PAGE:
Hello all. Hope everyone is well. My apologies. I haven’t posted here in awhile. Lucky for me, it’s fall break at Webster University. I’m hopped up on gas station coffee and ready to write.
Let’s talk about where and how your university administrators live. Some colleges pull out all of the stops for their top employees: free housing, maid service and security guards. It’s doubtful your university wants this information on the front page of the campus newspaper, so you can’t expect much help the PR office. But a simple check of your university’s 990 Form can tell you about these benefits and which administrators are receiving them.
Be careful, though, because the information will not be current. At Webster, 2011 pay data was only released last May, per government filing. So how did we cover a breaking story about our provost moving into a university house? First, non-Gorloks, follow me into the time machine.
In Sept. 2011, Webster University purchased a two-story house down the road from the university for $385,000. The purchase wasn’t initially suspicious. The university has been buying houses in the city for over four decades now, much to the chagrin of some residents. But sources told The Journal about rumors the home had been purchased for the provost.
A reporter posed the rumors to the PR office and received a half answer; the university would put the house on the rental market, and if an administrator moved in, so be it. Renovations to the house, however, raised skepticism among editors like myself. From a building permit, we learned the university had installed a wheelchair ramp, as well as new flooring and carpet.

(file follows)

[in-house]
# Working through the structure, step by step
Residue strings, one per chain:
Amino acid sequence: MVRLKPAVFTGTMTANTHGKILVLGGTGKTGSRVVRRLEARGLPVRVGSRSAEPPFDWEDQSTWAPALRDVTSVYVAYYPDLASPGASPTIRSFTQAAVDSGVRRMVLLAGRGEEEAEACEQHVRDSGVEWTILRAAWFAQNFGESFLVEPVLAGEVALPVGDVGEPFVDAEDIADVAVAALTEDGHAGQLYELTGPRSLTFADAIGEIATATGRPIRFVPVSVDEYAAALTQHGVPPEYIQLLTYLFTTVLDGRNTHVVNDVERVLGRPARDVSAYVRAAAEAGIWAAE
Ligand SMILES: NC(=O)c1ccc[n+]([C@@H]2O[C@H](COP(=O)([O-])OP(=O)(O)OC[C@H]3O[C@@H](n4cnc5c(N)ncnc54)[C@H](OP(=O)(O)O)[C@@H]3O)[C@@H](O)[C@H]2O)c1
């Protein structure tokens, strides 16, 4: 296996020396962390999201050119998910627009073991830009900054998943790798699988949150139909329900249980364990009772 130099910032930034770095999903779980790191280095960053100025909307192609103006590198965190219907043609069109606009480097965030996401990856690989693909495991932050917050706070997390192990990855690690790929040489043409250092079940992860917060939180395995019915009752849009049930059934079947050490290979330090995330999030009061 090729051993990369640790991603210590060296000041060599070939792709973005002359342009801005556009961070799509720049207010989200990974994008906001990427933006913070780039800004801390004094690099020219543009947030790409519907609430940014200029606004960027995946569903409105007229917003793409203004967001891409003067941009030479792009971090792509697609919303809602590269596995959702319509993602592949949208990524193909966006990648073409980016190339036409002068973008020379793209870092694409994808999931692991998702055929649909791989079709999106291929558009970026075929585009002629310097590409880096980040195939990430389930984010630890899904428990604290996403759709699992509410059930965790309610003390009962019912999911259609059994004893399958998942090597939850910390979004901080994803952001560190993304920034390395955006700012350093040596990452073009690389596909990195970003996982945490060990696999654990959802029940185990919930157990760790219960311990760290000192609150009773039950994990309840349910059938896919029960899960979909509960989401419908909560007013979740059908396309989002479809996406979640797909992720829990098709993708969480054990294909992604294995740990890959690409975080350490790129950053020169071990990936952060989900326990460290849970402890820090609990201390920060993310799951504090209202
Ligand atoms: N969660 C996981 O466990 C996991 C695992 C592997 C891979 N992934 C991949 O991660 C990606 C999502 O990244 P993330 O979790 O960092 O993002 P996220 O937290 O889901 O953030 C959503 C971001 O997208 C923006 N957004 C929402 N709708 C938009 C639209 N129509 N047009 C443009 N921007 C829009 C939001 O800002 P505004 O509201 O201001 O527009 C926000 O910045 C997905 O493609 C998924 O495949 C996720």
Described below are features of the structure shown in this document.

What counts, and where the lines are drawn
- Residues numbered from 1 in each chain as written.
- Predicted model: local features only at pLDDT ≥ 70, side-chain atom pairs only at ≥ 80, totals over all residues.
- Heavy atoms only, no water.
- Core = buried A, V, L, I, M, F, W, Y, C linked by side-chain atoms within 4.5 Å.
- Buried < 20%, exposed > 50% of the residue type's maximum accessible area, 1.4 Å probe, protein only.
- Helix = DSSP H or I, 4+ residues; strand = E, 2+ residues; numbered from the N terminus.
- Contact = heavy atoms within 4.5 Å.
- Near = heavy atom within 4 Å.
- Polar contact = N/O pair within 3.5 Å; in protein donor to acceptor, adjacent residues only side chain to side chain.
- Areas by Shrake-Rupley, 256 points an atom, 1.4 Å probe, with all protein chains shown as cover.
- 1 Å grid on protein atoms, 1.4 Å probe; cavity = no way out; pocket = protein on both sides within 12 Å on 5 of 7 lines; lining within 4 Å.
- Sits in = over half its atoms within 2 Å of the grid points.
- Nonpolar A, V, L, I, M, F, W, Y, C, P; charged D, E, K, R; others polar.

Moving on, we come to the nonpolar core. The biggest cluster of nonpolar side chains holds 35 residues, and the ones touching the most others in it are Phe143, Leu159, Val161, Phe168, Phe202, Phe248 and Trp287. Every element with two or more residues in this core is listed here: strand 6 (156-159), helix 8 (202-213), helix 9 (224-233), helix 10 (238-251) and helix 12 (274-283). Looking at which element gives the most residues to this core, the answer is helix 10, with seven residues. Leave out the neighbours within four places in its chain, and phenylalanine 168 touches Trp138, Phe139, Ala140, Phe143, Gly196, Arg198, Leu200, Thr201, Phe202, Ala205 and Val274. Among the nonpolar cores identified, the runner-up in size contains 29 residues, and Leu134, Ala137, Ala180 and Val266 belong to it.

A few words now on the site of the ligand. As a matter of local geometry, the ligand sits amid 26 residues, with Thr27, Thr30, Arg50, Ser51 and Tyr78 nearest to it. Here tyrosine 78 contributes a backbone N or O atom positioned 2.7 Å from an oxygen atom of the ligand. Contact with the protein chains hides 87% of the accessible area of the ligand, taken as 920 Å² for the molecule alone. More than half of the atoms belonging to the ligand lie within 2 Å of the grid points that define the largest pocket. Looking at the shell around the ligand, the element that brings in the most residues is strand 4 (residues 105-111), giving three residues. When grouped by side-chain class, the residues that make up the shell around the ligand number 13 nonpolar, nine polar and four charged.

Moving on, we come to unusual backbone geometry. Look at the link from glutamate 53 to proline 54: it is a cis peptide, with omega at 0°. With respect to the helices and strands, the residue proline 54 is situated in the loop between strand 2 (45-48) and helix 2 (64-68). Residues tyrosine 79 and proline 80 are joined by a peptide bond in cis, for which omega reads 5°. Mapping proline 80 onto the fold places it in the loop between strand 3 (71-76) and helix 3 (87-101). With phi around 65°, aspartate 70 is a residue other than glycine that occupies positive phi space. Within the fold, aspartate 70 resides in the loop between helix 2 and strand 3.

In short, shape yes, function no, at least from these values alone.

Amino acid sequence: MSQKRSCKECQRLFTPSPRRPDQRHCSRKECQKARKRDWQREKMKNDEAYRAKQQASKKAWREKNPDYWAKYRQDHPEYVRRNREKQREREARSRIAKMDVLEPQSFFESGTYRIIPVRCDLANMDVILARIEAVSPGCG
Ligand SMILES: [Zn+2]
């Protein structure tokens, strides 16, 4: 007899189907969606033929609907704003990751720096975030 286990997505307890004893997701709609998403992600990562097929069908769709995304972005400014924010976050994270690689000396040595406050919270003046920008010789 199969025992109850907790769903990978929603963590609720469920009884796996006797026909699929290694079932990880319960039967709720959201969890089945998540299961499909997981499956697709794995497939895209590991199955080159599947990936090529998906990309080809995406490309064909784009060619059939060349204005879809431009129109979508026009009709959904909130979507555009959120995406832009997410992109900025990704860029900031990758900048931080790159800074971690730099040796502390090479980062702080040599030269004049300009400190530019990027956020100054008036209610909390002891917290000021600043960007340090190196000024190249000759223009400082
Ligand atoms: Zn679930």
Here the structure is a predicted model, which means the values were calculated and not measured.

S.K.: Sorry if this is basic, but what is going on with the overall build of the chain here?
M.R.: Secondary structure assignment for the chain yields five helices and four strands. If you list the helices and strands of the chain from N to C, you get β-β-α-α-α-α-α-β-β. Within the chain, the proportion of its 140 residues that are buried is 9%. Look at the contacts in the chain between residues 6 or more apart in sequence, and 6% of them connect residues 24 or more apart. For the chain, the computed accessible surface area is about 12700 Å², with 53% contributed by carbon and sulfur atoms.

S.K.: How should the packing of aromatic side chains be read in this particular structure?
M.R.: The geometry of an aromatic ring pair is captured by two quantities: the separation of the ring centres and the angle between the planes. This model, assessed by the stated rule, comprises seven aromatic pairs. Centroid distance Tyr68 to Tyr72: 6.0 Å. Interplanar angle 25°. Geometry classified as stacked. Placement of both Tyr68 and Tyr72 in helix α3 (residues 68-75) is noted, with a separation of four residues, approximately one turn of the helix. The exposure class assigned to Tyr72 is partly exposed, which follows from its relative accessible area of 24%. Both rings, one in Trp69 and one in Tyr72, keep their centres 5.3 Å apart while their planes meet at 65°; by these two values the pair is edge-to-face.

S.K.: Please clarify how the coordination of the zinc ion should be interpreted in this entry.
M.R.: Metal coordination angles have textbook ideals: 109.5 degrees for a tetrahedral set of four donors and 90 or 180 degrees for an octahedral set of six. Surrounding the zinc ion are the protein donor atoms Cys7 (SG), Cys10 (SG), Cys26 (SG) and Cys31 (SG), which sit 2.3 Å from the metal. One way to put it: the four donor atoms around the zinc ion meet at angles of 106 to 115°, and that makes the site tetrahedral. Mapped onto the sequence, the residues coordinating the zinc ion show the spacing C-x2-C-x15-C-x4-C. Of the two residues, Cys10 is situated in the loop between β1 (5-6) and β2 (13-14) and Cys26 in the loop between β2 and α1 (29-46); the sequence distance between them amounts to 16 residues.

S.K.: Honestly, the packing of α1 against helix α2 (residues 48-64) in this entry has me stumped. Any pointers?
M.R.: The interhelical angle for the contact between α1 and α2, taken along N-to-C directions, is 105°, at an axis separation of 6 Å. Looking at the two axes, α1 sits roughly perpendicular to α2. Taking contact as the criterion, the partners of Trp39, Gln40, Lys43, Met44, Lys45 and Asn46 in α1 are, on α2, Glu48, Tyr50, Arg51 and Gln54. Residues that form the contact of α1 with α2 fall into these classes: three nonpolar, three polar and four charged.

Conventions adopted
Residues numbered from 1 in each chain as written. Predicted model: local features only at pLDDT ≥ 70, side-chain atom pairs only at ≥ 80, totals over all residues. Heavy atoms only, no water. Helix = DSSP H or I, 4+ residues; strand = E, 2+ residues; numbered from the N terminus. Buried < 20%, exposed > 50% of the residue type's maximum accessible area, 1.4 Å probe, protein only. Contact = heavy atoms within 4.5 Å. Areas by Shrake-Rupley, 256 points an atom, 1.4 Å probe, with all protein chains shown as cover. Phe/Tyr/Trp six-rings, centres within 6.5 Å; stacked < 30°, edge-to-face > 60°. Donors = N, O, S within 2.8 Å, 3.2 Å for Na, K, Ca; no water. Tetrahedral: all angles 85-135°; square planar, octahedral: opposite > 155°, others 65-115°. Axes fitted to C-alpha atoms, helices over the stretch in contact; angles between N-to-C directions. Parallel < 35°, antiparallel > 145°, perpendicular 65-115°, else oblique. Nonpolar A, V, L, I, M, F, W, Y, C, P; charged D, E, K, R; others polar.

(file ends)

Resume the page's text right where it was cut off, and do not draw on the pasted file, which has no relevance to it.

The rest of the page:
We began to routinely request the occupancy permits for the property. As soon as someone moved into the property, The Journal would know.
And so, after a long summer of irritating the assistant to the city clerk, we caught a break. Yes, the provost would be moving into this house, purchased amid warnings from top brass that the university was in danger of a budget shortfall.
We had many questions for the provost, but the university refused to answer anything beyond a short statement. So we turned to the most recent 990 Form to learn what the university might be paying for the house (a $15,000 housing allowance in 2011). But other questions remained, like how common is it for a university to offer housing benefits to non-presidents?
For those who don’t know, it’s a common practice in academia to provide housing to a college president, free of charge. Less has been written, however, on the housing benefits to lower administrators. In need of an answer, I elected to create a database of housing benefits for 100 colleges with similar pay structures to Webster. I chose colleges based how much they paid their presidents, with 50 presidents who were paid more than Webster’s prez and 50 who were paid less. H/t to the Chronicle of Education, which put a list together in 2011.
It took about six hours and another three to check my work, but eventually I found an answer I was comfortable with in the data. Out of 100 colleges, 24 offered some sort of housing benefit to a top employee. And out of the 24, nine were provosts or chief academic officers like the one at Webster.
You can view a database of the information here, created with Tableau Public.
Well, that’s all for now. Thanks for reading. And if you have any questions, email me at firstname.lastname@example.org